In class on Thursday, I brought up Stephen King’s categorization of the three types of terror while we were discussing The Woman in White. I did a little more digging into it, since it had been a while since I read the article. If anyone is interested, he talks about the three levels in his book, Danse Macabre. Here is a Facebook post King wrote, summarizing the levels:
In his book, King elaborates, “I recognize terror as the finest emotion…and so I will try to terrorize the reader. But if I find I cannot terrify him/her, I will try to horrify; and if I find I cannot horrify, I’ll go for the gross-out. I’m not proud.”
It would be interesting to attribute our fluctuating level of enjoyment of some of the events that happen in Collins’s book onto King’s categories. The “spine tingling” or “goosebumps raising” sensation we’ve talked about is most closely related to terror. I would categorize events like Anne Catherick’s hand touching Walter or Fosco writing the postscript in Marian’s diary under “terror.” However, events like seeing Laura next to her tombstone would be better categorized under “horror.” There aren’t many “gross-out” moments in sensation novels, but I think there are some easy narrative tactics of the genre, such as repeatedly mentioning one character (Sir Percival) has a secret.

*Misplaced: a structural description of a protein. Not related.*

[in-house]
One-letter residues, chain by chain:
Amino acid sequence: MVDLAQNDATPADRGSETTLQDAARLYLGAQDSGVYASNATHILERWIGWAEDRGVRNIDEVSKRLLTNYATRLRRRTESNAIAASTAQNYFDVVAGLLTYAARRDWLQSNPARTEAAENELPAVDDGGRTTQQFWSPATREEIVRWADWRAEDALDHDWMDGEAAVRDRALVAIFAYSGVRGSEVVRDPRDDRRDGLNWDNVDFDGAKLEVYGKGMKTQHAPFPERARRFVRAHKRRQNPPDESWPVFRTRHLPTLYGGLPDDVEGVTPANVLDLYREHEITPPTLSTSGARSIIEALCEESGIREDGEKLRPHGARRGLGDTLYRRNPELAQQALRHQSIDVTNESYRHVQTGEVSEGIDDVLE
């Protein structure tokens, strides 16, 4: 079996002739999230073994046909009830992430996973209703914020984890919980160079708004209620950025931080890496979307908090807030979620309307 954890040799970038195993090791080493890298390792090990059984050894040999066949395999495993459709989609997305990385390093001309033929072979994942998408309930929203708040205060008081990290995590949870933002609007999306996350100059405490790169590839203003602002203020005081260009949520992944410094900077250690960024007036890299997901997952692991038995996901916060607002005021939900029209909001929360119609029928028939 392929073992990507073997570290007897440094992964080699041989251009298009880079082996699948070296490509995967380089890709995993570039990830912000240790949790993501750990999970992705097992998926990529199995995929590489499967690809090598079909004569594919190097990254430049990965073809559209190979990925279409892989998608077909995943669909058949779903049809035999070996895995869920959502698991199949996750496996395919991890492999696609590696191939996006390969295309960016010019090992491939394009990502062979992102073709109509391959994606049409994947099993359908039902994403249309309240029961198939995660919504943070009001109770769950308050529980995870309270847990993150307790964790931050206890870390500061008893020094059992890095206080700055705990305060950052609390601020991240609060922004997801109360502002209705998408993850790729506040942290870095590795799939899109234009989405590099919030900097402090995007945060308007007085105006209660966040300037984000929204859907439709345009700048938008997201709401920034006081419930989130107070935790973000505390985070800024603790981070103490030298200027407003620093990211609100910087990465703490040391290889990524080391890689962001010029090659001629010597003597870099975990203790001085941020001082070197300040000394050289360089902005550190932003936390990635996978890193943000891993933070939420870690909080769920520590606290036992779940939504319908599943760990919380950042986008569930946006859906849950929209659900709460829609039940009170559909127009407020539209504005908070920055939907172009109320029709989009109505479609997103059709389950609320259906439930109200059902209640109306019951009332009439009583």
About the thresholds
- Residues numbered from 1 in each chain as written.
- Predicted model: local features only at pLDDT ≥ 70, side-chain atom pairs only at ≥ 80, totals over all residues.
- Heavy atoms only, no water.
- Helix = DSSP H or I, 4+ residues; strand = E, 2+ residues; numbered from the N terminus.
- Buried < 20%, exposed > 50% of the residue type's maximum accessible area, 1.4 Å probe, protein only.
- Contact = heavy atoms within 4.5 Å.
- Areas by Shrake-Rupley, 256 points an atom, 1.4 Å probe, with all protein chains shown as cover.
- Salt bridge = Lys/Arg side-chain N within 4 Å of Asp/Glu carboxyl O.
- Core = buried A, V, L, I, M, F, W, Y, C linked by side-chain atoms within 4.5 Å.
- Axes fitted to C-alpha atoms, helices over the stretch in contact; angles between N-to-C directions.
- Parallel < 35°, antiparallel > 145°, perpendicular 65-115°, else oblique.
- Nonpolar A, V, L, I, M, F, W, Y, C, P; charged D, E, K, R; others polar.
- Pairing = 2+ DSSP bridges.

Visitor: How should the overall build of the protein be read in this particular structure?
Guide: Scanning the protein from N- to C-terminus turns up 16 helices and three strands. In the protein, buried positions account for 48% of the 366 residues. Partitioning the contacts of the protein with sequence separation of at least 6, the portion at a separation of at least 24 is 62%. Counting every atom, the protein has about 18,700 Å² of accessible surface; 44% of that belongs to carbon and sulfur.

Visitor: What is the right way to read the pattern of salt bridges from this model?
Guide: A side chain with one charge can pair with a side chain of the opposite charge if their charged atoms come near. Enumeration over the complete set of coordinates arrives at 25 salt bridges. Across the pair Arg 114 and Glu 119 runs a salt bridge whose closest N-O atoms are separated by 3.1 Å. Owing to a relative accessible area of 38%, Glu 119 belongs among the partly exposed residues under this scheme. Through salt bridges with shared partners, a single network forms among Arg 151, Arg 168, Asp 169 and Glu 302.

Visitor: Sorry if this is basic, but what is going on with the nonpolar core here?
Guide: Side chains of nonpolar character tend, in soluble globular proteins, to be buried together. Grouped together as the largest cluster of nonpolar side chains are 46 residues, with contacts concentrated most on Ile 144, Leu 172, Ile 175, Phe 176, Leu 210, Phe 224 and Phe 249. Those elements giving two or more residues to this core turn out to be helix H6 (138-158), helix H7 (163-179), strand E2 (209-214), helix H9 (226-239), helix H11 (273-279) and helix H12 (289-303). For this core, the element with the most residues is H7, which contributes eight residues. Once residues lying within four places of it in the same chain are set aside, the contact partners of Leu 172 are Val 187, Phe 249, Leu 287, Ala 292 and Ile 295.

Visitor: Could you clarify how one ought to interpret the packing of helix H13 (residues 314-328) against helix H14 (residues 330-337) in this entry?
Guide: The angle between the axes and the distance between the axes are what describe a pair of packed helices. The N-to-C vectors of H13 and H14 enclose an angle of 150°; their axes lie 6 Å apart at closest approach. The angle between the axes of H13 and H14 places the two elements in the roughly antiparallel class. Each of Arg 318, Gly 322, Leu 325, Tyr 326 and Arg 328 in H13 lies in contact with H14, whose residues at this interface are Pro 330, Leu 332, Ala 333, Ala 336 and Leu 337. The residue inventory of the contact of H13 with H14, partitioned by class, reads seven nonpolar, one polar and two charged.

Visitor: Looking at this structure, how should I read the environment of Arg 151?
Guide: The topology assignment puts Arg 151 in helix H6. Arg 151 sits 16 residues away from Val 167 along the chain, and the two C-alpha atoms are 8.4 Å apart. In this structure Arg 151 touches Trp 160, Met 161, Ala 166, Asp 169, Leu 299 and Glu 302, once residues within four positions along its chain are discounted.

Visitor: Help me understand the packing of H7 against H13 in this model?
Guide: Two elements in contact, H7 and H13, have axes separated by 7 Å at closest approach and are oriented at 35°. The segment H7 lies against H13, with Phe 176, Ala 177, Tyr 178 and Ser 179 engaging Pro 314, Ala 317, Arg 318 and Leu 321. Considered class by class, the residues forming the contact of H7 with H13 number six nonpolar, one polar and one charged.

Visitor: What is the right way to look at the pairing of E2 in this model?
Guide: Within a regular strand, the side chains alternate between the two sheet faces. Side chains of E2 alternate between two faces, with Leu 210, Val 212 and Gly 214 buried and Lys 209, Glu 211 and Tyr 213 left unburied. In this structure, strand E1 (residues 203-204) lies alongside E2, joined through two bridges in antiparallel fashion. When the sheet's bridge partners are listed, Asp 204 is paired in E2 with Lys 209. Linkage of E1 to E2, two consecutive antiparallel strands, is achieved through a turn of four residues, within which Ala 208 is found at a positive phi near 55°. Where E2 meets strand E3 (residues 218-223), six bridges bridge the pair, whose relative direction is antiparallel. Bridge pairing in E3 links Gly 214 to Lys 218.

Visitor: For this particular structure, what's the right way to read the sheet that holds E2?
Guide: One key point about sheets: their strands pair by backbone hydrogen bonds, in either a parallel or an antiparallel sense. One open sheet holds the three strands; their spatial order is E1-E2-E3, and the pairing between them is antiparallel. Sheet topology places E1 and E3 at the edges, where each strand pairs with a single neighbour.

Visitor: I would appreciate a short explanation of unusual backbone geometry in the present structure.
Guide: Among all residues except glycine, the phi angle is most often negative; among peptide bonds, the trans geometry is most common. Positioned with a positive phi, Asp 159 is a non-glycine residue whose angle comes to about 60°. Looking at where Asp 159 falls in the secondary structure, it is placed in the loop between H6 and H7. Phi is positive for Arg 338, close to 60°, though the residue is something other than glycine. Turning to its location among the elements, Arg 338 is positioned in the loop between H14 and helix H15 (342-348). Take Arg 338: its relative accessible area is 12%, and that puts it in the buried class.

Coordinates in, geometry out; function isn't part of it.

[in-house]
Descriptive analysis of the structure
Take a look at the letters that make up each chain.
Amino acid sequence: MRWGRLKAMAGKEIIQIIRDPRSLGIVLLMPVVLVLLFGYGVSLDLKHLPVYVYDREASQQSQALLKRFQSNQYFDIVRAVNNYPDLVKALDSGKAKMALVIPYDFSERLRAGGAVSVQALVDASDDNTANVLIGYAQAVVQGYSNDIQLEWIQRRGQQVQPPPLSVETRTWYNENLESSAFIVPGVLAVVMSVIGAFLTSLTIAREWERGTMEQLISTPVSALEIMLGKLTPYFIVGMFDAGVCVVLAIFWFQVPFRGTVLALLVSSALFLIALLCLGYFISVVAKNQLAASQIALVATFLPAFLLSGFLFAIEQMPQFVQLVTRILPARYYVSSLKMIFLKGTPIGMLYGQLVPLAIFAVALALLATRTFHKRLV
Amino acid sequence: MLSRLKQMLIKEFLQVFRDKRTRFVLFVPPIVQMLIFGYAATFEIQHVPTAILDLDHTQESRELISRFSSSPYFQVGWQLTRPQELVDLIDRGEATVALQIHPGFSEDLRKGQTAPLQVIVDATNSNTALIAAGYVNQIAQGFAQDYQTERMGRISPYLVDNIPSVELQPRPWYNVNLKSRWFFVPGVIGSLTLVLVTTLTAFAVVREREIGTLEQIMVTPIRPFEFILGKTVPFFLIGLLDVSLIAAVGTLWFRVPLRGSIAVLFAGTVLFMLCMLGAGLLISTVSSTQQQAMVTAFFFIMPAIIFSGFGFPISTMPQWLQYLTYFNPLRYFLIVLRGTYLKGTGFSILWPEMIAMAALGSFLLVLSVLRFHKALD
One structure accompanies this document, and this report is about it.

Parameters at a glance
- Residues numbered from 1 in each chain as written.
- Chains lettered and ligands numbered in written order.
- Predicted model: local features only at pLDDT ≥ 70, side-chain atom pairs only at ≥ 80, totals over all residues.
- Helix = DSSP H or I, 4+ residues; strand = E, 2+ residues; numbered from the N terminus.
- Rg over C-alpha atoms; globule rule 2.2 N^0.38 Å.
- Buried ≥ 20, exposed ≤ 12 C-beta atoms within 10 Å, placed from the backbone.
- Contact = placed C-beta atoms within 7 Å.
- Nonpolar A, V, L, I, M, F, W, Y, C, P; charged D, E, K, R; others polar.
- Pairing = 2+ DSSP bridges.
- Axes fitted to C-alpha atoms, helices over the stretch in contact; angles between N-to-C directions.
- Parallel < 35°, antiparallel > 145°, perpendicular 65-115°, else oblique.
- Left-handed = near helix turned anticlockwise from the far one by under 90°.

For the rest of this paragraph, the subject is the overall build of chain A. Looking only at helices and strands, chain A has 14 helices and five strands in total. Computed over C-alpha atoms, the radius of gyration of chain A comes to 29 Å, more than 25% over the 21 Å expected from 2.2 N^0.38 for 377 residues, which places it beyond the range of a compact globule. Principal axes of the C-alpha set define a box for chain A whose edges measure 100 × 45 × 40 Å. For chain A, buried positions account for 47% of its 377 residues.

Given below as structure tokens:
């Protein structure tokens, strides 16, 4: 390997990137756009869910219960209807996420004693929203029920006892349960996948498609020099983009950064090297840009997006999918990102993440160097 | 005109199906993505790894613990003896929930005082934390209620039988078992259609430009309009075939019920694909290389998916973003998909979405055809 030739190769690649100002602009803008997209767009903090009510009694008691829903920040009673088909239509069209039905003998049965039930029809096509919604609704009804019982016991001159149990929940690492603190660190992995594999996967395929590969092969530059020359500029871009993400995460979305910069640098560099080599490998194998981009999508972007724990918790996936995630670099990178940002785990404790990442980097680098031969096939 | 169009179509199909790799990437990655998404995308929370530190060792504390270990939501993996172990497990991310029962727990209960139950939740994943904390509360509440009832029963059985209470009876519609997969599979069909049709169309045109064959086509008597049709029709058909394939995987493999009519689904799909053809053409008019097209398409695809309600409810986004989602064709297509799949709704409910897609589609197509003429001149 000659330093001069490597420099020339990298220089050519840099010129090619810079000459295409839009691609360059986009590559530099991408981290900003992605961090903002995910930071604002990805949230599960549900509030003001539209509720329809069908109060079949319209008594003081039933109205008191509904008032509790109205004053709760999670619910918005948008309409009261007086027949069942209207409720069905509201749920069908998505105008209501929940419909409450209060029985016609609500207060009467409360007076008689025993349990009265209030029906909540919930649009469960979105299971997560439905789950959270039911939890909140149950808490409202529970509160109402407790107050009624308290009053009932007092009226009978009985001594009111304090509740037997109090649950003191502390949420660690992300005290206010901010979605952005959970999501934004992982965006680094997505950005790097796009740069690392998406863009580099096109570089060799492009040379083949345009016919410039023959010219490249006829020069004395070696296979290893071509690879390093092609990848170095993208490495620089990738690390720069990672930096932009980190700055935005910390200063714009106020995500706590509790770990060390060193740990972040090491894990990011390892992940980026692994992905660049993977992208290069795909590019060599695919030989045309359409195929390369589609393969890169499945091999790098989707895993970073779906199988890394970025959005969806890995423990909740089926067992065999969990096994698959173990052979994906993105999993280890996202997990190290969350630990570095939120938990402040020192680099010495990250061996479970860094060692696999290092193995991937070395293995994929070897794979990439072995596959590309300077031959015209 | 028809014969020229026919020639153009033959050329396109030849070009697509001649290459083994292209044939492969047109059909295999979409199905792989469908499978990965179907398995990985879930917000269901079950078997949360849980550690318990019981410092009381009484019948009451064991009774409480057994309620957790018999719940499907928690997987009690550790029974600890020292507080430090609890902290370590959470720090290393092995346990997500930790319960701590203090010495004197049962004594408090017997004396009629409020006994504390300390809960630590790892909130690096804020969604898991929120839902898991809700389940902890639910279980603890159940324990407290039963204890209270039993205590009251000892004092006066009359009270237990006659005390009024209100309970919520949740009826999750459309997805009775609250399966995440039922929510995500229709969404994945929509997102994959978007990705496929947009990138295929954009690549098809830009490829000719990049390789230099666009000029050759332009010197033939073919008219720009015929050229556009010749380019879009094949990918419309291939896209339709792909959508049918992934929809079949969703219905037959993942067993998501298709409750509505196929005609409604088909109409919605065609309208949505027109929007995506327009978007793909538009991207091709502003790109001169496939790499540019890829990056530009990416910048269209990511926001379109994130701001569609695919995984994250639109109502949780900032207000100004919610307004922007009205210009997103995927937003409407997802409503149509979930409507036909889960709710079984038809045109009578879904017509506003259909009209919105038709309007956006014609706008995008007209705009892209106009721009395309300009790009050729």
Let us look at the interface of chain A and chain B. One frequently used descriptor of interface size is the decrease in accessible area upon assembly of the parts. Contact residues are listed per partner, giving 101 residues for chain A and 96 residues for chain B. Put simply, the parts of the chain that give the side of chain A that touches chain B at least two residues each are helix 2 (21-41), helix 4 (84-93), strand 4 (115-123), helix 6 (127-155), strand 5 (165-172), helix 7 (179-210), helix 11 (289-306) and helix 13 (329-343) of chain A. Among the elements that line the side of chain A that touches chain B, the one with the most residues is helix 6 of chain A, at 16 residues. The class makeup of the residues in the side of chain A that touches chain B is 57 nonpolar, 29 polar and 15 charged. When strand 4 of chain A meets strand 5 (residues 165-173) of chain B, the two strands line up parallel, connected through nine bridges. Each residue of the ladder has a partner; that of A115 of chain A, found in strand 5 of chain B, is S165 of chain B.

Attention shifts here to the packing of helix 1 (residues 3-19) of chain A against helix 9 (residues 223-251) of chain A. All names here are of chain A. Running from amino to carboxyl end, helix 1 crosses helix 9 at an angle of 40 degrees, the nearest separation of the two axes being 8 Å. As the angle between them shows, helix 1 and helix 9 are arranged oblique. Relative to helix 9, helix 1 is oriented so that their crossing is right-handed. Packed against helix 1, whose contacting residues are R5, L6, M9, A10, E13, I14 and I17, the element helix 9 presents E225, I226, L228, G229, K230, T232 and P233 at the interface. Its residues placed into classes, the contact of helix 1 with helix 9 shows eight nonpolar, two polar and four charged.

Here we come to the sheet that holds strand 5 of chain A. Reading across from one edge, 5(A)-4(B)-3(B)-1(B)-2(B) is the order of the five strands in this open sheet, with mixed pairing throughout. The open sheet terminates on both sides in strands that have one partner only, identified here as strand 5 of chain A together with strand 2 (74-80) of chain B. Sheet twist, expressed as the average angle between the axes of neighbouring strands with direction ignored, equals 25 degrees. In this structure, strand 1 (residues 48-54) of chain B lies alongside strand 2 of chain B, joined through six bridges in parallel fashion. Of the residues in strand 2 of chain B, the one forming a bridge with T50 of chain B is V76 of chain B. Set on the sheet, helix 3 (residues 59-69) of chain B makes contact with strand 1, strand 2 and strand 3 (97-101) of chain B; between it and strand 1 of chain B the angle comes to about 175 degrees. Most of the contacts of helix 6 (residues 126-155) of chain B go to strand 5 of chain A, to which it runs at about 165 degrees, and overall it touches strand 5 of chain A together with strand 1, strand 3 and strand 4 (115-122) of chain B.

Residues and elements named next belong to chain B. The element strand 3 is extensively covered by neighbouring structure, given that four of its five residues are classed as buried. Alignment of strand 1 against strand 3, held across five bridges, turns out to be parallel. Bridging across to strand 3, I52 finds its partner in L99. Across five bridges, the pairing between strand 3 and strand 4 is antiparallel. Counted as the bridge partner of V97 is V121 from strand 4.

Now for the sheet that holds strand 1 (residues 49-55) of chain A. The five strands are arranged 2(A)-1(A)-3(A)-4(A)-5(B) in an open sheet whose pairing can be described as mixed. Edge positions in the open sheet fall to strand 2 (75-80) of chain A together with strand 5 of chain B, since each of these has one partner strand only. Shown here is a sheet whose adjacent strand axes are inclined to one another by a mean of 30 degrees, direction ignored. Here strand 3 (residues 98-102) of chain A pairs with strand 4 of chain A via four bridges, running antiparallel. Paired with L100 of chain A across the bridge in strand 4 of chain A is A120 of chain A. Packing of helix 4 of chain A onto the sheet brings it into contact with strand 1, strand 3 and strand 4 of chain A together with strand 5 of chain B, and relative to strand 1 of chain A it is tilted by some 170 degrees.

As modern readers, we have been overexposed to most elements that would fall under the gross-out or horror categories. Scary figures like zombies, bloody bodies, and crawling spiders have been used a lot in stories, and so have elements like characters switching places and the not-really-dead dead person. While those tricks are still effective to an extent, they are less remarkable because we’ve seen them before. However, when Collins is still able to create sensation and instill “the finest emotion” of terror in us, it says a lot about the high quality of his novel.